Gastrointestinal factors in the acquisition of oral sensory control of satiation

Booth, David A and Davies, John D (1973) Gastrointestinal factors in the acquisition of oral sensory control of satiation. Physiology and Behavior, 11 (1). pp. 23-29. ISSN 0031-9384

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Rats were given a series of starch meals. Half the meals were of a 65% starch solution with one taste added and the other meals were 5% carbohydrate which had been given another taste. After a few meals of each type, the dilute starch began to be taken in larger volumes. The rats were then given test meals of 35% starch having either flavour. The rate of intake towards the end of a meal decelerated more slowly in the presence of the taste given to dilute starch than in the presence of the flavour given to concentrated starch. The taste of dilute starch was not systematically preferred in a two-stimulus test. Thus there was a conditioned differentiation of the oral control of satiation: the onset of satiety was slowed in the presence of oral cues which had been associated with the passage of very little carbohydrate. The oral control of satiety was acquired even when meals differed in starch concentration during their first 5 min only. In contrast, concentration differences after the first 5 min did not generate an adequate unconditioned stimulus. It appeared therefore that the unconditioned stimulus was related to the phase of rapid starch clearance and glucose absorption which occurs early in the meal. This conclusion was supported by the additional finding that rats conditioned faster after bilateral subdiaphragmatic vagotomy, when fat-free diets are cleared faster than in intact rats. This result also indicated that the conditioned oral stimuli did not reduce the satiating power of ingested nutrients via motor control of the stomach or by interacting with vagal afferent information.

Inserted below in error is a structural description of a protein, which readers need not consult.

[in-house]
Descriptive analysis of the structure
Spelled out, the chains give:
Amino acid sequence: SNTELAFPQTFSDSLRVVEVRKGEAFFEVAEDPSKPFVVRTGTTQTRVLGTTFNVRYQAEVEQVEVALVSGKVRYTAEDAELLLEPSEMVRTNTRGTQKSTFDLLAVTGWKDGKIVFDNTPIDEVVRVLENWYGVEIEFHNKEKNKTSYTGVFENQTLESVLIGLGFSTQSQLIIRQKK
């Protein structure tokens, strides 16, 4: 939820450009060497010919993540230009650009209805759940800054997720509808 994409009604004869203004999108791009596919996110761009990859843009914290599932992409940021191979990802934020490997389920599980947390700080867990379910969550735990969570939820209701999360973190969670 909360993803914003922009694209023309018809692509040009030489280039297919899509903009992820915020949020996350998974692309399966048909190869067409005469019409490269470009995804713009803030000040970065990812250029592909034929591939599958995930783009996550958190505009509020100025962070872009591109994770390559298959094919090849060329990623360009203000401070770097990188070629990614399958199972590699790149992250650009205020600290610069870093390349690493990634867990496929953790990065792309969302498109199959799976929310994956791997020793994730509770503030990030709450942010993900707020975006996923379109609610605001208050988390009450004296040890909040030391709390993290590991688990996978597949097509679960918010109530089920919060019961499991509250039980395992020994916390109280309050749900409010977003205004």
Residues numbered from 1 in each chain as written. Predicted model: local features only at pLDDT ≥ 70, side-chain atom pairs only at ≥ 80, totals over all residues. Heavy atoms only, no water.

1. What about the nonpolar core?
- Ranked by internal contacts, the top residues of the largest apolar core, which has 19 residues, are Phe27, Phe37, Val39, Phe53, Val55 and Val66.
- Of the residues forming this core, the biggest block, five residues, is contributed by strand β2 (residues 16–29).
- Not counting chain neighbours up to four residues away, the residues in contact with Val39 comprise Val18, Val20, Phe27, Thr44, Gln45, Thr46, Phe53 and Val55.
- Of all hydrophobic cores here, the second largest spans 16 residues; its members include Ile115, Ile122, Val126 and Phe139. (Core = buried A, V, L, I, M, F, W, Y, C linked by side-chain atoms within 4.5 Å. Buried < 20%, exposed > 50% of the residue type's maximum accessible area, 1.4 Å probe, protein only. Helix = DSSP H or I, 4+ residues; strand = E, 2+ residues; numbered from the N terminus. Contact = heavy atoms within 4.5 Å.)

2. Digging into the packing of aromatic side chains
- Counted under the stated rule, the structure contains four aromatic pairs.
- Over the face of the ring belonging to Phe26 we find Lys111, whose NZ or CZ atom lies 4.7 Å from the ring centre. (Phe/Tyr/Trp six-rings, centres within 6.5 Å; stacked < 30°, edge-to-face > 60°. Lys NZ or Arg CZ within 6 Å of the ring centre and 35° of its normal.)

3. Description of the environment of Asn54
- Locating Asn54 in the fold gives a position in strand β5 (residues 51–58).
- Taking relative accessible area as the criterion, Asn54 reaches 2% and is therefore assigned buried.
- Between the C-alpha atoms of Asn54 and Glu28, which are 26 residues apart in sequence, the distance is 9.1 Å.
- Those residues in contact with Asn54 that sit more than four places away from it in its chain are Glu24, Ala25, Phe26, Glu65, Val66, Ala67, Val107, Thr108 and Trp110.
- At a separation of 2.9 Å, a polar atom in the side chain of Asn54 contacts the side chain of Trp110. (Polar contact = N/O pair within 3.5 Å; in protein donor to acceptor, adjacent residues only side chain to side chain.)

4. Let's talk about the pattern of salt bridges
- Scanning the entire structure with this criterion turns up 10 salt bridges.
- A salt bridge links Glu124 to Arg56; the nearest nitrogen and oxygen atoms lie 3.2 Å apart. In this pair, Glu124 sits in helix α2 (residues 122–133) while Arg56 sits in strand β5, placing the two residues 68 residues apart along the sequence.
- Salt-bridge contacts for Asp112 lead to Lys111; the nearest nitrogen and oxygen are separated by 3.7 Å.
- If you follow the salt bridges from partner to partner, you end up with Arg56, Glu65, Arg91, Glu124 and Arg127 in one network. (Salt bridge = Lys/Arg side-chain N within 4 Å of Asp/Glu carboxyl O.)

Item Type: Article
Schools and Departments: School of Psychology > Psychology
Subjects: B Philosophy. Psychology. Religion > BF Psychology > BF0180 Experimental psychology
B Philosophy. Psychology. Religion > BF Psychology > BF0501 Motivation
Q Science > QP Physiology
Q Science > QP Physiology > QP0351 Neurophysiology and neuropsychology > QP0431 Senses
Depositing User: prof. David Booth
Date Deposited: 01 Mar 2015 11:19
Last Modified: 24 Apr 2015 14:34
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